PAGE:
By Dee Williams
Lately, I’ve been looking at the unexpected education that I’ve gotten over the past 13 years of tiny house living. When I set out to build my house, I knew I’d learn more about how to use a saw. And before I moved into my house, I knew I’d learn how to be happy without a lot of stuff. But I didn’t expect I’d get such an advanced education focused on determination, humility, gratitude and the compost toilet. And I didn’t expect that I’d end up teaching – and learning – about these subjects on the other side of the world, but here I am, back from helping with a tiny house workshop in Japan.
Here’s the truth: building a tiny house is harder than it looks on YouTube. It is trickier than the best Do-It-Yourself construction book could ever explain, and it is full of way more drama than any TV reality show could document. The same can be said about downsizing as a life-style choice: it’s hard and it’s exhilarating, and that’s where the real learning comes in.
PAD has been offering educational workshops for a long time, like the one we’re offering in May, that’s centered on design, engineering, utilities and logistics. In our workshops, people are invited into their confusion, vulnerability and the empowerment that comes with learning something new. It is an inspiring thing to witness, and the reason I continue to teach.
Last month, I had the opportunity to go to Japan to help with a tiny house workshop taught by Yuichi Takeuchi. It was the concluding class, hosted at the end of an eight-month series where the class came together for one long weekend each month to build a house on wheels. In October 2014, I helped with a similar workshop, where I made life-long friends with some of my students, teachers and hosts, and I returned home completely inspired.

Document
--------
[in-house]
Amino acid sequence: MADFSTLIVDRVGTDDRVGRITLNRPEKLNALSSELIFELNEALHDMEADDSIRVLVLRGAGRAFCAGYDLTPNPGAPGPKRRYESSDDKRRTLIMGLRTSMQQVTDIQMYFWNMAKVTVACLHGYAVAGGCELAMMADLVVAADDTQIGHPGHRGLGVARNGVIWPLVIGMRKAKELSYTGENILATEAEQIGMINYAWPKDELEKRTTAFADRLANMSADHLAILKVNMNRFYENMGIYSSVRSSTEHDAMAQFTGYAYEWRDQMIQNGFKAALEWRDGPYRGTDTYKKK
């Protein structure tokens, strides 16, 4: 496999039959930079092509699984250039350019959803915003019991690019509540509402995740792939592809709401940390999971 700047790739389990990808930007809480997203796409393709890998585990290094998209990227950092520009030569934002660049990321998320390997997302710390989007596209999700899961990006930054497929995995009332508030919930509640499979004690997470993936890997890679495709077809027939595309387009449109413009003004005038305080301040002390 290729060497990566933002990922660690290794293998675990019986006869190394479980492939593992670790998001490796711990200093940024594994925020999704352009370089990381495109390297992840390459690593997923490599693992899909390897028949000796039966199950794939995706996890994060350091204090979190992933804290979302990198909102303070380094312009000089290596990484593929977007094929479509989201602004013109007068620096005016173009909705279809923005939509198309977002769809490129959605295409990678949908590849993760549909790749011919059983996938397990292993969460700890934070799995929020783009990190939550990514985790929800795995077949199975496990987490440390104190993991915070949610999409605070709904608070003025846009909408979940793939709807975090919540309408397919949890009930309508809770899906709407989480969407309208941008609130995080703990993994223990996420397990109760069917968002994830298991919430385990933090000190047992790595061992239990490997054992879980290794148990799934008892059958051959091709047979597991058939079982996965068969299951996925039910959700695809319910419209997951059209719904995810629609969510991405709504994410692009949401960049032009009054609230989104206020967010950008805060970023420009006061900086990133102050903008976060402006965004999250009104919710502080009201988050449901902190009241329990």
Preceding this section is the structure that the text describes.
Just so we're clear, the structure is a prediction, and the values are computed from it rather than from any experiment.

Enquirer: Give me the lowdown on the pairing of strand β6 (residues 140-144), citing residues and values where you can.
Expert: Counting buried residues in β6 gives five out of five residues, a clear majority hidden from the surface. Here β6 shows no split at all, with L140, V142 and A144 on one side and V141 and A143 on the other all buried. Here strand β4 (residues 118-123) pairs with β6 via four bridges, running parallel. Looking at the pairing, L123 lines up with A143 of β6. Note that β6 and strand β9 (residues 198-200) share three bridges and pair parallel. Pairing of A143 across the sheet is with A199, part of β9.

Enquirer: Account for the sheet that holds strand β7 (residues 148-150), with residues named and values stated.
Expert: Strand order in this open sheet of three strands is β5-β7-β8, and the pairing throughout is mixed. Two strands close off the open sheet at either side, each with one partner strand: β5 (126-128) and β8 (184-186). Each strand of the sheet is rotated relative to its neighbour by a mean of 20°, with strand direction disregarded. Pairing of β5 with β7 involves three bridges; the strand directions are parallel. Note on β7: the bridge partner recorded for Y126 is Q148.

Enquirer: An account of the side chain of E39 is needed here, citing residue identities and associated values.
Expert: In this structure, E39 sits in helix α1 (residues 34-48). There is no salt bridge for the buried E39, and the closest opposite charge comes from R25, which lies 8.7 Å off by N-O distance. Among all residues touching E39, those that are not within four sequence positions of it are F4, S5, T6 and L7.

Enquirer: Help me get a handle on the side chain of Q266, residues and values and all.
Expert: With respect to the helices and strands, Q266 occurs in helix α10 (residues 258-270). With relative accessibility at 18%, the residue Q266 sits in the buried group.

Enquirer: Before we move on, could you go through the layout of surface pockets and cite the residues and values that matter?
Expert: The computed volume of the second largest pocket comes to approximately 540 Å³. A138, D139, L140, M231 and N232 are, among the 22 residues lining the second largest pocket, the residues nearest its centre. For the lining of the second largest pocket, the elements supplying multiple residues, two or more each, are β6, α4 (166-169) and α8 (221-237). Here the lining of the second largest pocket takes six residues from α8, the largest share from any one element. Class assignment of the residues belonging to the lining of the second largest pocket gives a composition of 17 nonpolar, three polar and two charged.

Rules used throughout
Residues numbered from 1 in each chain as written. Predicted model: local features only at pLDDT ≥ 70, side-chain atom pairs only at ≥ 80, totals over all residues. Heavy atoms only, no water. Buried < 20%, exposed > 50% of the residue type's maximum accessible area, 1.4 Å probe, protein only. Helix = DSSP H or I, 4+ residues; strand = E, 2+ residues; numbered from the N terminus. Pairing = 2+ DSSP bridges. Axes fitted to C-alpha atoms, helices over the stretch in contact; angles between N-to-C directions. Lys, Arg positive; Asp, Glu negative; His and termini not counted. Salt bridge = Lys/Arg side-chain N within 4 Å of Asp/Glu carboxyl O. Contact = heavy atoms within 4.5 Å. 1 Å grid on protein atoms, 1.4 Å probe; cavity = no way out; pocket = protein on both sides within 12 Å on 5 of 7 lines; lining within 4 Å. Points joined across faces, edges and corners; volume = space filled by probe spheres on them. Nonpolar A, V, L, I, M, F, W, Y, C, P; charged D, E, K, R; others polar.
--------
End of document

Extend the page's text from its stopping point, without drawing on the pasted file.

Yet somehow, the class last month was even better. I had the chance to see how people grow together when they meet monthly to make mistakes and figure stuff out: they bond, and grow intensely protective and supportive.
When I asked Yuichi why the front door was so short – I had to bow my head when entering the house – his response was, “Oh, that was a mistake. The students framed the door too low, so we just went with it.” Essentially, he told me that they learn just as much screwing stuff up as they do knocking things out of the park. That’s the challenge and blessing in learning.
On the final day of the workshop, we scrambled to finish the tiny house before we hosted a community-wide tiny house party. Students and teachers raced across the warehouse carrying tools, sweeping sawdust off the floor, and restacking wood. An electrician literally balanced like a gymnast, continuing to install the lights even as we pushed the house outside and across the parking lot into its party spot.
Local artisans, musicians and food vendors showed up, and I met a guy who was just passing by and wanted to see what all the hub-bub was about. Friends and family of the students and teachers appeared, happy to celebrate the completion of the house. Students from the 2014 workshop also arrived, one bringing the tiny truck house that she had built following the class.
I never imagined I’d meet so many amazing people simply by choosing to do what I felt was good for me: build a tiny house and live more simply. And I never, EVER imagined that that decision would be so challenging and rest so integrally on the people who have schooled me: former students, friends, my family, or the way the rain loves to show up just after you’ve pulled the blue tarp off your project. I have been, and continue to be, humbled by what it takes to listen to the voice in your heart that tells you, “Change is necessary.” And I can’t wait to see what happens next with all of you… tiny house or not.